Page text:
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Advanced Financial Accounting

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Advance Financial Accounting (FIN-611)
VU
LESSON # 23
MORE ABOUT COMPANY ACCOUNTS
Rights Issues of Shares
Any subsequent issue of shares against consideration is rights issue. A rights issue of
shares is the simples and most economical way of raising finance. It is an issue of share
in which the existing shareholders have an anticipatory right to subscribe for the new
shares. In a rights issue, a warrant is sent to the existing shareholders, which entails
them to take up a specified number of shares at a specified price. The price of the
shares so offered is higher than the face value but below the market price to make the
offer fascinating.
An existing share holder who does not wish to exercise any or all of the rights is at
liberty to sell them to third parties who can purchase such shares at the same offer
price.
Accounting entries to record the rights issue of share is exactly the same as those we
have already learned to pass when share are issued at premium.
Bank a/c
Share Capital a/c
Share Premium a/c
Comparison between Rights Issue and Initial Public Offer (IPO)
Rights Issue
Initial Public Offer
1. A rights issue is made to
1. Initial Public Offer is made to
existing shareholders
the public at large
2. There is no chance of over
2. There is a chance of over
subscription
subscription;
hence
the
floatation cost is high.
3. Price of the rights issue is kept
3. Initial public offer is generally
lesser than the market price
made on face value
Solved Problem:
Right Co Ltd has 80,000 Rs. 10 ordinary shares in issue. They were originally issued at
a premium of Rs. 4 per share. The current market price of these shares is Rs. 35 each.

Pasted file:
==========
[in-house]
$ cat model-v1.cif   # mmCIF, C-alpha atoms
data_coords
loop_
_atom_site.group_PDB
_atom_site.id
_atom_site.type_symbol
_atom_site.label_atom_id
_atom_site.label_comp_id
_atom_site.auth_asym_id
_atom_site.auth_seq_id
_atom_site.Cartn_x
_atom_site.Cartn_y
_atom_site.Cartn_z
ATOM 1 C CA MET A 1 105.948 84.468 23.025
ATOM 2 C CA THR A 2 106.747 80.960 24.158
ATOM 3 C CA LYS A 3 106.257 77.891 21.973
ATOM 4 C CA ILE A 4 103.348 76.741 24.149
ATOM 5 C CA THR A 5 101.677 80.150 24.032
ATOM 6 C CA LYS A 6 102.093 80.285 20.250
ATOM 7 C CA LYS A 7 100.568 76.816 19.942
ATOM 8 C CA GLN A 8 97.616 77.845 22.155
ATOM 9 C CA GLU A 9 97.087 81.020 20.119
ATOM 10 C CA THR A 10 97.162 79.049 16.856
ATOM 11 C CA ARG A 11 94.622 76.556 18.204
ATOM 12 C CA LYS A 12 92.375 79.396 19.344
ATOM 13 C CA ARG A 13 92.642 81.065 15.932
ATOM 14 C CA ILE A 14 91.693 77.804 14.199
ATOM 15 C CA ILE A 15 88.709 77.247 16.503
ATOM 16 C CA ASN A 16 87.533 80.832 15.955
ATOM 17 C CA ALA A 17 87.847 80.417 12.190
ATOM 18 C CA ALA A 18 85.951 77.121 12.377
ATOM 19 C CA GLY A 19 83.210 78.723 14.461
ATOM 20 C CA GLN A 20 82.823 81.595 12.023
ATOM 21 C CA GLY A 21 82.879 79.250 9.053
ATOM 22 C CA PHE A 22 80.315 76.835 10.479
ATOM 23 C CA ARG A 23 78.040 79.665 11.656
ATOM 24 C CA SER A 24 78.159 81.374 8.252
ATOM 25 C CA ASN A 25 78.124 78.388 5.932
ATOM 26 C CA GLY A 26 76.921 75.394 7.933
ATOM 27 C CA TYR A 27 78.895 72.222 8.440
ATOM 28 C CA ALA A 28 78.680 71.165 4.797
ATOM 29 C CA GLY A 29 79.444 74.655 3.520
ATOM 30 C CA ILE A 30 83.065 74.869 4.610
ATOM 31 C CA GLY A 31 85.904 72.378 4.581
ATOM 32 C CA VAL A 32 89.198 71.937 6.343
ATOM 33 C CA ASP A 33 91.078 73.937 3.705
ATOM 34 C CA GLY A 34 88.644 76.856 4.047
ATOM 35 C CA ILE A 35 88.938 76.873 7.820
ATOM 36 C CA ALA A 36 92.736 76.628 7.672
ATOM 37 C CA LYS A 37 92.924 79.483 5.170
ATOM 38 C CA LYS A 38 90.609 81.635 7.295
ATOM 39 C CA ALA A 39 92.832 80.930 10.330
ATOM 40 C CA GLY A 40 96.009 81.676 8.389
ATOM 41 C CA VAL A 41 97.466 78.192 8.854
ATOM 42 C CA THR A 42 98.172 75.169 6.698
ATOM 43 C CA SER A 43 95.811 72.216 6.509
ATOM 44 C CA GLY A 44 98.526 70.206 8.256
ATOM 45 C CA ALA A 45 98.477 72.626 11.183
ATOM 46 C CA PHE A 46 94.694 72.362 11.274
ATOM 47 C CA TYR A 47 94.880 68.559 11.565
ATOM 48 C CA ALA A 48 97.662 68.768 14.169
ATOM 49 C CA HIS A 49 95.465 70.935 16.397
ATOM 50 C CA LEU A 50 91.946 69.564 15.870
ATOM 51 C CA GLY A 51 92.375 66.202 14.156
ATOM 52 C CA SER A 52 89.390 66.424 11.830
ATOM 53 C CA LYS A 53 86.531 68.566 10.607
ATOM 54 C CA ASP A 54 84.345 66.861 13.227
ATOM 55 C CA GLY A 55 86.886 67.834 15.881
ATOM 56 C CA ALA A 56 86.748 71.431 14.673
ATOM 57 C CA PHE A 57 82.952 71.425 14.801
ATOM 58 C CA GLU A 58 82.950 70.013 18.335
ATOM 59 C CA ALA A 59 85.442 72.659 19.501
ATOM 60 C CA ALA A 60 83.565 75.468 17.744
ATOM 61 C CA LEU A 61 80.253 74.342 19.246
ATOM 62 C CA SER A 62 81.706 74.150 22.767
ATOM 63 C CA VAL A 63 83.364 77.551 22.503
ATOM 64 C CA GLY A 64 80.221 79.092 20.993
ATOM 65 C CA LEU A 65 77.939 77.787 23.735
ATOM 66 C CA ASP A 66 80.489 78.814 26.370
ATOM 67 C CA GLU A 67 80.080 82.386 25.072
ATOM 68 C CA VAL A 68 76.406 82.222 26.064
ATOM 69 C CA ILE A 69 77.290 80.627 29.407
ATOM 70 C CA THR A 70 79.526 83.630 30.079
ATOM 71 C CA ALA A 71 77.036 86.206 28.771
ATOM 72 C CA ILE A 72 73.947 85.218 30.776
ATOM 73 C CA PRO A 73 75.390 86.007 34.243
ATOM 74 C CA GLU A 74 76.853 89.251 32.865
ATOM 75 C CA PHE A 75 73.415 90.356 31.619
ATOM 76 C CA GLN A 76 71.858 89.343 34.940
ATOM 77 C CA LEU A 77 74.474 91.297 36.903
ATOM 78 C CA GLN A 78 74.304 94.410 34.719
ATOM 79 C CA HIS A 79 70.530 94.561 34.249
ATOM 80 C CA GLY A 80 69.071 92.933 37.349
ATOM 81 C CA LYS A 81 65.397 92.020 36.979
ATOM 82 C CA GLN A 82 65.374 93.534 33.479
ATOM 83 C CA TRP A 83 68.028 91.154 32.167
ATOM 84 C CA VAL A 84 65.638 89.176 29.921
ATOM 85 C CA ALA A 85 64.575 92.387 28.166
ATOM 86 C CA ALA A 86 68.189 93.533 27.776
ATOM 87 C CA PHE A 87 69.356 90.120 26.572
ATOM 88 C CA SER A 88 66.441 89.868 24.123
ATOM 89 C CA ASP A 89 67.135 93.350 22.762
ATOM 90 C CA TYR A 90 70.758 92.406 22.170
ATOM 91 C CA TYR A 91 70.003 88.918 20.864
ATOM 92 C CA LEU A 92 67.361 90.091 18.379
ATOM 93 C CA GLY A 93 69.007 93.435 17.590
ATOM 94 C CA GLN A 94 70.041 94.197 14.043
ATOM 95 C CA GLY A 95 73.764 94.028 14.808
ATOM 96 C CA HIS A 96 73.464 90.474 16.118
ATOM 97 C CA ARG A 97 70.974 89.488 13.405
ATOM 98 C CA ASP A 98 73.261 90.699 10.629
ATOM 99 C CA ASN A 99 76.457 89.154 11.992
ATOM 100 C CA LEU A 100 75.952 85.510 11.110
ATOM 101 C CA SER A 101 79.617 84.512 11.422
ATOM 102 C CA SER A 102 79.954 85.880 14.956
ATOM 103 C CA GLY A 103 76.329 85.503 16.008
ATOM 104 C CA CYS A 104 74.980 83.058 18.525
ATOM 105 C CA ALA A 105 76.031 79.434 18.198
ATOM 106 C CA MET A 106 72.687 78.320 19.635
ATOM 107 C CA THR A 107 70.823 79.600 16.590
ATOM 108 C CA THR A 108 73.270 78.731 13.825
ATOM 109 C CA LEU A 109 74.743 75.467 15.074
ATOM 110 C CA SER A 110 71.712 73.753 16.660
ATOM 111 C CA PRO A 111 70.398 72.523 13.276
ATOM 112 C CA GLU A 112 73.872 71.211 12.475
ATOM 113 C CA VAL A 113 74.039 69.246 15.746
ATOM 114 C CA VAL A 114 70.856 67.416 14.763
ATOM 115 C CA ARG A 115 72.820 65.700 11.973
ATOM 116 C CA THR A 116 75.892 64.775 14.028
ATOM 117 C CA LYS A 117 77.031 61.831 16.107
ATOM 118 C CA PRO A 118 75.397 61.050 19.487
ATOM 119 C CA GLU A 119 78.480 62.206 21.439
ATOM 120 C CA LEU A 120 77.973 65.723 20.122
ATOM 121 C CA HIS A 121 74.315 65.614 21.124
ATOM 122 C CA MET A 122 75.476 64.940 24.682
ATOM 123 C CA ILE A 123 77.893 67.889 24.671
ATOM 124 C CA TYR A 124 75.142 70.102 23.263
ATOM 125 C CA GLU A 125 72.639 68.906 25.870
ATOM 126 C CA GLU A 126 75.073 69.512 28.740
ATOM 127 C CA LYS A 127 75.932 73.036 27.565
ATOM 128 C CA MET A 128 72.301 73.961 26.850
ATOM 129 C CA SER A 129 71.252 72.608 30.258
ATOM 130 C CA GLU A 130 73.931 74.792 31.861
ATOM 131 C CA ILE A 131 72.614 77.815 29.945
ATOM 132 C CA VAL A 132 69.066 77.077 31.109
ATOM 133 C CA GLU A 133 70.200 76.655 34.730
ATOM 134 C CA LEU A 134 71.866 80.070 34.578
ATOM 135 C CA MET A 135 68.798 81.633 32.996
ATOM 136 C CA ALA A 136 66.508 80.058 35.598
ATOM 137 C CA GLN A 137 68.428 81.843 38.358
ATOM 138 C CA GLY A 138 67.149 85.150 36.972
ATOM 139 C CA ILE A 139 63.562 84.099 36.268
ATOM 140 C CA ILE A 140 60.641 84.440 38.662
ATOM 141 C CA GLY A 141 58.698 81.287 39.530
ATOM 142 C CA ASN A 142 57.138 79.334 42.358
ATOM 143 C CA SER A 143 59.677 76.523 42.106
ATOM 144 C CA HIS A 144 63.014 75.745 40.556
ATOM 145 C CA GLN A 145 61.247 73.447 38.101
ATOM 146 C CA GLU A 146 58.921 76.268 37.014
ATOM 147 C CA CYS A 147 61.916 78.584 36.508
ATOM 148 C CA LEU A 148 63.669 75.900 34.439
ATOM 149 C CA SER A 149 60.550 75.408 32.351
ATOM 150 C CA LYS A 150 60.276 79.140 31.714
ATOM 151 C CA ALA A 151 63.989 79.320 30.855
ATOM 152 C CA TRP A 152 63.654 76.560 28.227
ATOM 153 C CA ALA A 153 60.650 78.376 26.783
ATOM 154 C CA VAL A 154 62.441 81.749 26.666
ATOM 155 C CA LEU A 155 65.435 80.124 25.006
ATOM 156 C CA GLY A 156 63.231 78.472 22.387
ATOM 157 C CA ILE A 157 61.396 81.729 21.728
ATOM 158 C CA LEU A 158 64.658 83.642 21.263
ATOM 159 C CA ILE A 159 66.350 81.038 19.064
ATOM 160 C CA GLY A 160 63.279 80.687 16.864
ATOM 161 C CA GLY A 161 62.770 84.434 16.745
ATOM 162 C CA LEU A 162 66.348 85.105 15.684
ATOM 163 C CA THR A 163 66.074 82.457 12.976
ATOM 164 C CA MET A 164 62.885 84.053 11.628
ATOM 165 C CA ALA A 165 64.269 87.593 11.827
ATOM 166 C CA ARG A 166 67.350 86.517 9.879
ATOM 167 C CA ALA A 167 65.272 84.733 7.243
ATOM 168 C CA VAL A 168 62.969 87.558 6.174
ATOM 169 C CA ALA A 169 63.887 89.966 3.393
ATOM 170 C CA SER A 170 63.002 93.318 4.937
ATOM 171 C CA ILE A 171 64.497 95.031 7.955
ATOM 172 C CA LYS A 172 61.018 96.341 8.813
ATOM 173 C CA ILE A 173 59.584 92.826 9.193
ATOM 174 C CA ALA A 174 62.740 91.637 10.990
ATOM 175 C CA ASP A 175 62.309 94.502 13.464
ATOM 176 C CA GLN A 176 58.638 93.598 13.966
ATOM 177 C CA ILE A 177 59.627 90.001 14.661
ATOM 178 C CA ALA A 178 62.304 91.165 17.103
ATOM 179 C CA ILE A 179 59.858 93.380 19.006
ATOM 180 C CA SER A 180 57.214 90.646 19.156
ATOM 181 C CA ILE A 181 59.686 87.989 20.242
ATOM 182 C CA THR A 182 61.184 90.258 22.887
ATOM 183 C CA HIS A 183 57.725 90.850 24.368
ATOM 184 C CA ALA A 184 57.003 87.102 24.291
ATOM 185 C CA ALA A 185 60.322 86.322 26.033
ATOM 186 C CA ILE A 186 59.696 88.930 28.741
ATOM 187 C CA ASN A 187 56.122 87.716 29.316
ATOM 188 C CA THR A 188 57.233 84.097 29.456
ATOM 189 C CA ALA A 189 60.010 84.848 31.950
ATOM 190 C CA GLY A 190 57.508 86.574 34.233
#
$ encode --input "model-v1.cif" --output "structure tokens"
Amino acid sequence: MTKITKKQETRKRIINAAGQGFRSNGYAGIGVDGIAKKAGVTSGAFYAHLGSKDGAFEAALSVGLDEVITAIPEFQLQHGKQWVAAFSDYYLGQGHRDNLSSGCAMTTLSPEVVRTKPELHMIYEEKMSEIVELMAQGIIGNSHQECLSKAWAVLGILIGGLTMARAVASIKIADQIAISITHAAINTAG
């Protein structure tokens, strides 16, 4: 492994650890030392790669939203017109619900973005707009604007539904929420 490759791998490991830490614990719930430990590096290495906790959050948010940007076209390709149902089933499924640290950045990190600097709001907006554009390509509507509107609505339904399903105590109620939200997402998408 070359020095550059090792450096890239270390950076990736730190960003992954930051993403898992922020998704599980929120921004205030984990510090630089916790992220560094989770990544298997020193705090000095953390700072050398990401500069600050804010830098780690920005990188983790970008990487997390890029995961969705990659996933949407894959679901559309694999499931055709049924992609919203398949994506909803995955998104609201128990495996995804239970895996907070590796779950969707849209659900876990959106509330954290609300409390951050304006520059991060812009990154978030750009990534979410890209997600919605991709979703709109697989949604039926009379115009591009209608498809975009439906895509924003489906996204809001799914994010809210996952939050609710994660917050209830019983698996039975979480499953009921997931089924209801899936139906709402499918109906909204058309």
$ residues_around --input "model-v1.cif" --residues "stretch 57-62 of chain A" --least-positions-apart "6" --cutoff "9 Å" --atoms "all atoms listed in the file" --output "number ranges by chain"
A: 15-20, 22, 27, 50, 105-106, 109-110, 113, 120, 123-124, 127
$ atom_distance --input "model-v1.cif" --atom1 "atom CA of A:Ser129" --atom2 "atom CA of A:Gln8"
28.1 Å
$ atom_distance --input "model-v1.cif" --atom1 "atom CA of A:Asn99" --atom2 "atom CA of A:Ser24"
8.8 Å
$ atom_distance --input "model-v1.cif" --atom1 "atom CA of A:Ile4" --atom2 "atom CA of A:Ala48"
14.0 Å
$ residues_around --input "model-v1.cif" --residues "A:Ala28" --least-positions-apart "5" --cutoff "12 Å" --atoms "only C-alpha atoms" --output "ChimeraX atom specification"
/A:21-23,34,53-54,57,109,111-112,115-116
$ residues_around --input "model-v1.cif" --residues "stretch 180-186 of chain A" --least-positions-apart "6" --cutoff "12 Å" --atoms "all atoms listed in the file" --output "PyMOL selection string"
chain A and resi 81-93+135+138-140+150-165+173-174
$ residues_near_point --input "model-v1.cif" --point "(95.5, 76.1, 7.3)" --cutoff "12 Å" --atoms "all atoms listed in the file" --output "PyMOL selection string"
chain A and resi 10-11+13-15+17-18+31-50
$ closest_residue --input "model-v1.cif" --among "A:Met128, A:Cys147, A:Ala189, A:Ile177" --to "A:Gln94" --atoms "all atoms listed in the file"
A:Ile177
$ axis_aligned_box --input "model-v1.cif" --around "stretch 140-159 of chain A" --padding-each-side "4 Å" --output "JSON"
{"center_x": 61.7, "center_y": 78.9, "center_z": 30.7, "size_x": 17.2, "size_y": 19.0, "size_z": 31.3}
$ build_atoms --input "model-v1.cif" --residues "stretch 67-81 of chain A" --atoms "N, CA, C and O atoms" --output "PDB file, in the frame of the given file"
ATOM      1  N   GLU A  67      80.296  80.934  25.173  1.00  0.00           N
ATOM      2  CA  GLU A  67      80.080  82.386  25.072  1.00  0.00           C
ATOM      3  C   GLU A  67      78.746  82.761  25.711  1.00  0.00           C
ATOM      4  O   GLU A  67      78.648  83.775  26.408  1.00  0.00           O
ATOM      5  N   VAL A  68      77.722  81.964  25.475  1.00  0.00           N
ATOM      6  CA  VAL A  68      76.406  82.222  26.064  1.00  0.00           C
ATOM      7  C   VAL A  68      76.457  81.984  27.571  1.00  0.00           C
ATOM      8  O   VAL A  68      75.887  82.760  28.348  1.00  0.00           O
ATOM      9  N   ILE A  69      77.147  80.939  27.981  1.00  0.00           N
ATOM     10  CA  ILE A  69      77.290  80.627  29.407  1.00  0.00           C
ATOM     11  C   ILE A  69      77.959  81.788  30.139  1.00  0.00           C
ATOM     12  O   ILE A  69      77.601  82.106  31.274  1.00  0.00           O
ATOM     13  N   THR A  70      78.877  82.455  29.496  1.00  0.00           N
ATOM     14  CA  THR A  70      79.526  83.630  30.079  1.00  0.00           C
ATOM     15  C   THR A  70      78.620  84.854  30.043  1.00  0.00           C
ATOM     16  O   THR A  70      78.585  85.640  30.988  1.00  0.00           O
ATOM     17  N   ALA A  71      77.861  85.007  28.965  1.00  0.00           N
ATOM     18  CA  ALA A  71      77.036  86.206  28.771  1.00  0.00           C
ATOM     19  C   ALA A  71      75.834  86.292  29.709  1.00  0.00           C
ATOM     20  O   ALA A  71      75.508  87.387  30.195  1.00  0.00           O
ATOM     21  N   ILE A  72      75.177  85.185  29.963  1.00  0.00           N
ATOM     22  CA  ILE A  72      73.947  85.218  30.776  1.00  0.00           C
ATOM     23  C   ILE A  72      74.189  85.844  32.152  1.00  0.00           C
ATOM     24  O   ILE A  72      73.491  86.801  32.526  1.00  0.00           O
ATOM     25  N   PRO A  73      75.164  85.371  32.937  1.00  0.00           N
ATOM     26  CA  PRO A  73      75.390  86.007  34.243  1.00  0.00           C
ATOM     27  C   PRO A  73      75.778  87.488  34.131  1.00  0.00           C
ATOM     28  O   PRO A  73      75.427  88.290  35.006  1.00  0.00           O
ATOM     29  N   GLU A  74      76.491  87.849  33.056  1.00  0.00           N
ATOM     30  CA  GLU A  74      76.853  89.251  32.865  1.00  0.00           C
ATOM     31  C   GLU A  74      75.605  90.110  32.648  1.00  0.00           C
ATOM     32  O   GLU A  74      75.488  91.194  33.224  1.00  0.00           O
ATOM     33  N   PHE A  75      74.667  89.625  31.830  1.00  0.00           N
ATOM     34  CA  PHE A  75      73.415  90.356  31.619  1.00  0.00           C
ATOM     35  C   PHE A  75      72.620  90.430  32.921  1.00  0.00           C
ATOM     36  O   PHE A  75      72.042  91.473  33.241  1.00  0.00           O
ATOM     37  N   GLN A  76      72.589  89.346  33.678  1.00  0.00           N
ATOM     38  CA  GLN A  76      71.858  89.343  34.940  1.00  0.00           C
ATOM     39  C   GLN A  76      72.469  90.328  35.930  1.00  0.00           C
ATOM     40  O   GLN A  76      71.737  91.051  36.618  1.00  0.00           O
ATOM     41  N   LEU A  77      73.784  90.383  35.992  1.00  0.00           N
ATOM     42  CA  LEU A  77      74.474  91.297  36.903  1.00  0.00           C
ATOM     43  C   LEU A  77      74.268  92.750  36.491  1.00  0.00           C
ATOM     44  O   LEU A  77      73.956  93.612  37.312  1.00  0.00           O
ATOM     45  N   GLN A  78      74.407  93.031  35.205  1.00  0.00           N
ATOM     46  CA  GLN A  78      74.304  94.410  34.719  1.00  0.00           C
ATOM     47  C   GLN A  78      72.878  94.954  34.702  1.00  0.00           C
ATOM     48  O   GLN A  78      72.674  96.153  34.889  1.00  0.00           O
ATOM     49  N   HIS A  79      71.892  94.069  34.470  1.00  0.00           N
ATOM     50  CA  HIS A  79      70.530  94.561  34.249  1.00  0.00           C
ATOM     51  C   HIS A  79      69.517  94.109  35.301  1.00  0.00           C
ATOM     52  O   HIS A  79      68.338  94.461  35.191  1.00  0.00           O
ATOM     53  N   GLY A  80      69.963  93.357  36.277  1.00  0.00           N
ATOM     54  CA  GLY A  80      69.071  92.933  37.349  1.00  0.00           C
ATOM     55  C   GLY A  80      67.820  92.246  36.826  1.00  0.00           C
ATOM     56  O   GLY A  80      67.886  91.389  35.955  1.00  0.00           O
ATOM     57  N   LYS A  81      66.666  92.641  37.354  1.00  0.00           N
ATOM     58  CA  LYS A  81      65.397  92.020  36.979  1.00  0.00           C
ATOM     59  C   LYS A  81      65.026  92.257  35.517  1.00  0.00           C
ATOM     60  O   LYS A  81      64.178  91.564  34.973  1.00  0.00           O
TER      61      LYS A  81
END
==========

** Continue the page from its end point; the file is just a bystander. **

Right Co Ltd has announced a 1rights share for every 4 shares held at Rs. 30 per share.
Required:
1. Prepare relevant ledger accounts to record the above transaction
2. Prepare extracts of balance sheet showing share capital and share premium a/c
3. Babar owned 3,200 shares in Right Co Ltd before the rights issue. How many
numbers of shares will he own after the rights issue? What will be his share of
the voting right in the Company before and after the rights issue?
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Advance Financial Accounting (FIN-611)
VU
Solution:
Share Capital a/c
Rupees
Rupees
Opening balance b/f
800,000
Closing balance c/f
1,000,000 Bank a/c (rights issue)
200,000
Share Premium a/c
Rupees
Rupees
Opening balance b/f
320,000
Closing balance c/f
720,000 Bank a/c (rights issue)
400,000
Bank a/c
Rupees
Rupees
Share Capital a/c
200,000
Share Premium a/c
400,000
Working:
Existing shares
80,000
Opening balance of share capital 80,000 x 10 = 800,000
Opening balance of share premium
80,000 x 4 = 320,000
Rights shares
80,000 x ľ = 20,000
Face value
20,000 x 10= 200,000
Premium
20,000 x 20= 400,000
Balance Sheet (extracts)
After
Before
Share Capital
1,000,000
800,000
320,000
Share Premium
720,000
1,720,000
1,120,000
Before the rights issue Babar owned 3,200 shares out of a total of 80,000 shares. This
gave him 4% of the voting rights in the company. The 1 for 4 rights issue gives him
another 800 shares and increases his share holding to 4,000. He now owns 40,000
shares out of 100,000 shares, which is again 4%.
Bonus Issue of Shares
Bonus issue of shares is made when the company has build up substantial reserves.
Issue of bonus share is made to the existing shareholders without receiving any
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Advance Financial Accounting (FIN-611)
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consideration. In bonus issue of share a part of company's reserves are reclassified as